FilmDistrict's Insidious Chapter 2 dominated the box office this weekend with a massive estimated $41.05 million first place debut. That figure represents the second largest unadjusted opening weekend ever for the month of September (behind only the $42.52 million debut of last year's Hotel Transylvania) and the second largest opening weekend for a traditional horror film in 2013 (slightly behind the $41.86 million start of The Conjuring back in July). That director James Wan has two $40 million openers within a few months of one another is especially impressive. Also especially impressive is that Insidious Chapter 2 opened 209 percent stronger than the $13.27 million start of 2011's Insidious, and that like its predecessor, Insidious Chapter 2 carried a small production budget (reported at $5 million). On the heels of Olympus Has Fallen earlier in the year, Insidious Chapter 2 represents the second over-performer of 2013 for FilmDistrict.
Insidious Chapter 2 grossed $20.06 million on Friday (with a modest estimated $1.5 million of that total coming from late-night Thursday shows that began at 10 p.m.) and went on to register an opening weekend to Friday ratio of 2.05 to 1. Insidious Chapter 2 was quite front-loaded this weekend, but that came as no surprise given the film's status as a high-profile horror sequel and from the film receiving an added opening day boost from Friday the 13th. While it may take a bit for the film to stabilize, Insidious Chapter 2 will have a good chance of stabilizing at some point thanks in part to the limited amount of horror options for moviegoers this fall. The film's B+ rating on CinemaScore is also a very encouraging early sign, especially for a horror film.
The audience breakdown for Insidious Chapter 2 was split fairly evenly between genders (52 percent male, 48 percent female) and skewed towards moviegoers under the age of 25 (62 percent).
Relativity's The Family was off to a very respectable start this weekend with an estimated second place take of $14.5 million. The Luc Besson directed film starring Robert De Niro and Michelle Pfeiffer opened on the high end of expectations. The Family likely received an added boost as serving as the primary option for those who weren't interested in Insidious Chapter 2 this weekend. The opening weekend performance of The Family represents a bit of a bounce back for De Niro, who has seen his drawing power at the box office fall off in recent years with debuts such as the $9.35 million start of 2011's Killer Elite and the $7.59 million start of this year's The Big Wedding. The Family performed more in line with the $16.29 million start of 2008's Righteous Kill. De Niro will hope to continue to build back up box office momentum when Last Vegas debuts in theatres on November 1.
The Family grossed $5.4 million on Friday, was essentially unchanged on Saturday to gross $5.38 million and is estimated to fall 31 percent on Sunday to take in $3.72 million. That gave the film a so-so opening weekend to Friday ratio of 2.69 to 1. That isn't the greatest sign going forward and neither is the film's C CinemaScore rating. Furthermore, The Family will face major competition for adult audiences going forward, with the first of that new competition arriving this coming Friday in the form of Warner's Prisoners.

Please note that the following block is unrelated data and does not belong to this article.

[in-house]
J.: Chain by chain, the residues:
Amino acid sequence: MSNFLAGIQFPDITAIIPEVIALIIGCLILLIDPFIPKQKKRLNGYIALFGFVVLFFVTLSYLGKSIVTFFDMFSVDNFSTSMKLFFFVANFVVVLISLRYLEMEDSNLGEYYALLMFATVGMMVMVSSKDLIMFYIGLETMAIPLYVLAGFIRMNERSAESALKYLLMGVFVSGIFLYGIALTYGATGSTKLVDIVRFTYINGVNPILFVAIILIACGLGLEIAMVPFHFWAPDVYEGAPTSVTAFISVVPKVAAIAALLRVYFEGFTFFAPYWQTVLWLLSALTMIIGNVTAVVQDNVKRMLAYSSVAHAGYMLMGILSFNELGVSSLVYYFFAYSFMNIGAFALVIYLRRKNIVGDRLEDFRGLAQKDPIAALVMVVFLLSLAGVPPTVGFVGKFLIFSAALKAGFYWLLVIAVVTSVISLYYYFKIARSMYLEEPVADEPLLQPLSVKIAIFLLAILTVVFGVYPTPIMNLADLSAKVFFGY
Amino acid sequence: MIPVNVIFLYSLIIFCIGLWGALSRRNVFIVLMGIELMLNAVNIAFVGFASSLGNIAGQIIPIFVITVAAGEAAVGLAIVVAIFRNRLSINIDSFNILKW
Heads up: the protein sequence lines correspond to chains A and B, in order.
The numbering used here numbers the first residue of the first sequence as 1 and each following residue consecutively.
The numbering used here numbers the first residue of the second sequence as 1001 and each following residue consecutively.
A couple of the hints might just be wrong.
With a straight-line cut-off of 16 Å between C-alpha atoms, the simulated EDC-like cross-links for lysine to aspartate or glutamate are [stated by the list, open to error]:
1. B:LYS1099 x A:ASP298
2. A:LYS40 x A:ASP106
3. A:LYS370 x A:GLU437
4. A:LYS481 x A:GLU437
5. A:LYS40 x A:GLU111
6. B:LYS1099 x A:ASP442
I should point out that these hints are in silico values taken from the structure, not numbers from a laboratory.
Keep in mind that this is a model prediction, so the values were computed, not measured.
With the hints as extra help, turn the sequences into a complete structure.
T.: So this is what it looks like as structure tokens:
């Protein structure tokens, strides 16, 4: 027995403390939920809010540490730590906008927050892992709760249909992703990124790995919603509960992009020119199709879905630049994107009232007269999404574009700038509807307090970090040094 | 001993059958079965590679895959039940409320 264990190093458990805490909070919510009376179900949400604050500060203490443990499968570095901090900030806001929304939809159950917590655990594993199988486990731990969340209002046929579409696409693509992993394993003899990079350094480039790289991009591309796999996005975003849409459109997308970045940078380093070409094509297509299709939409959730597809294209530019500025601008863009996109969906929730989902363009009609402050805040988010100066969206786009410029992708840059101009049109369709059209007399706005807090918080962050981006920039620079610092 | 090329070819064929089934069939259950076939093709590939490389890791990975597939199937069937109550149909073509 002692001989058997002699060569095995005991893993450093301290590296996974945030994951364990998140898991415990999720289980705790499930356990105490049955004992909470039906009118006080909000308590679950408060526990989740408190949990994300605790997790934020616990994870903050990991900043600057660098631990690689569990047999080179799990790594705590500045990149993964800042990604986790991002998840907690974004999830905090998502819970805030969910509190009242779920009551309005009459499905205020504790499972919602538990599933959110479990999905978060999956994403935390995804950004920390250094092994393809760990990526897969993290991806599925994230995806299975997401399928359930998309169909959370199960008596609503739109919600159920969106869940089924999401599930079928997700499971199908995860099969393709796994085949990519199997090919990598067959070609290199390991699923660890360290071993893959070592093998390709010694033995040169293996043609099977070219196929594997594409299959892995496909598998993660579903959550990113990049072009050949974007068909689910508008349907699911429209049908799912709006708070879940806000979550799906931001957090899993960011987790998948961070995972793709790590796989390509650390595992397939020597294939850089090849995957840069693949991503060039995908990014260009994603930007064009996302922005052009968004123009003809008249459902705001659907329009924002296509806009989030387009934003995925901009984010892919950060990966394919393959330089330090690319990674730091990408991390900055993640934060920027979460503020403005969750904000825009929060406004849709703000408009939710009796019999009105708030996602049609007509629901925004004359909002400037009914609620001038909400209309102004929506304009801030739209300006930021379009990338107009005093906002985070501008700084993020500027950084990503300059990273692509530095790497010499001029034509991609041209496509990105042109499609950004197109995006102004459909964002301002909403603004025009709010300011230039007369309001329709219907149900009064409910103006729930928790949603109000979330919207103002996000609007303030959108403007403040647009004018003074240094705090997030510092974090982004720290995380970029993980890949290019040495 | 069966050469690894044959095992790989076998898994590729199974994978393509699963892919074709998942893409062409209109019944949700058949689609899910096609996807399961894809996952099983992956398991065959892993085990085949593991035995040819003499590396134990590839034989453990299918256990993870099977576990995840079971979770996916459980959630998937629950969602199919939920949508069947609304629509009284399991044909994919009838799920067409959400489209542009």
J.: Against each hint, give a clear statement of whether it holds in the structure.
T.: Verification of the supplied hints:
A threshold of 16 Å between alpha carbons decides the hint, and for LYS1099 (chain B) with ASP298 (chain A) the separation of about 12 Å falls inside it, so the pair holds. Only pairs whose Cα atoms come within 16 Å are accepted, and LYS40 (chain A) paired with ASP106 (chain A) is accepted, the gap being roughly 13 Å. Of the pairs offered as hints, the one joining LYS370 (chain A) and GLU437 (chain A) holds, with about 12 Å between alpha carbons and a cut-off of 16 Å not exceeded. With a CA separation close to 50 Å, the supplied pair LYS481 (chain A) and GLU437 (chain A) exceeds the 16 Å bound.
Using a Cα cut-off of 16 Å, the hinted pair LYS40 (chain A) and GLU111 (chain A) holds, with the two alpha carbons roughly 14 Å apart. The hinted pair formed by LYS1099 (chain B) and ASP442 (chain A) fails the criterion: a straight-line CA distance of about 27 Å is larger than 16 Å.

Universal's Riddick, last weekend's top film, fell 63 percent and two spots to land in third with an estimated $7.0 million. The sci-fi sequel starring Vin Diesel was expected to drop off significantly this weekend due to its fanbase-driven nature and the debut of Insidious Chapter 2. Riddick has grossed $31.28 million through ten days of release. That is a bit below expectations and is 26 percent softer than the $42.49 million ten-day start of 2004's The Chronicles of Riddick (which fell 61 percent in its second weekend to take in $9.42 million). However, it should be reminded that Riddick was far less expensive than The Chronicles of Riddick was.
In other box office news, Lee Daniels' The Butler is projected to top the $100 million mark on Sunday after grossing an estimated $5.58 million this weekend. The early awards season hopeful from The Weinstein Company was down 34 percent from last weekend and placed in fourth this weekend. The Butler has grossed $100.04 million through 31 days of release, thanks in part to very strong word of mouth and continued awards buzz.
Also reaching the $100 million domestic milestone this weekend was Sony's This Is The End. The R-rated ensemble comedy was down 59 percent from last weekend to gross an estimated $0.78 million this weekend. The 96-day total for This Is The End stands at $100.42 million.
We're the Millers rounded out this weekend's top five with an estimated $5.42 million. Despite the new competition it faced in the marketplace this weekend, the break-out comedy was down just 30 percent from last weekend. We're the Millers has grossed $131.60 million in 40 days.
Meanwhile, Lionsgate's Instructions Not Included began to lose momentum this weekend with an estimated sixth place take of $4.25 million. That was down a sizable 48 percent from last weekend, as the film may have been affected more than most by the arrival of Insidious Chapter 2. In the bigger picture, this weekend's decline isn't all that important given that the low budget comedy has already grossed $26.58 million in 17 days of release.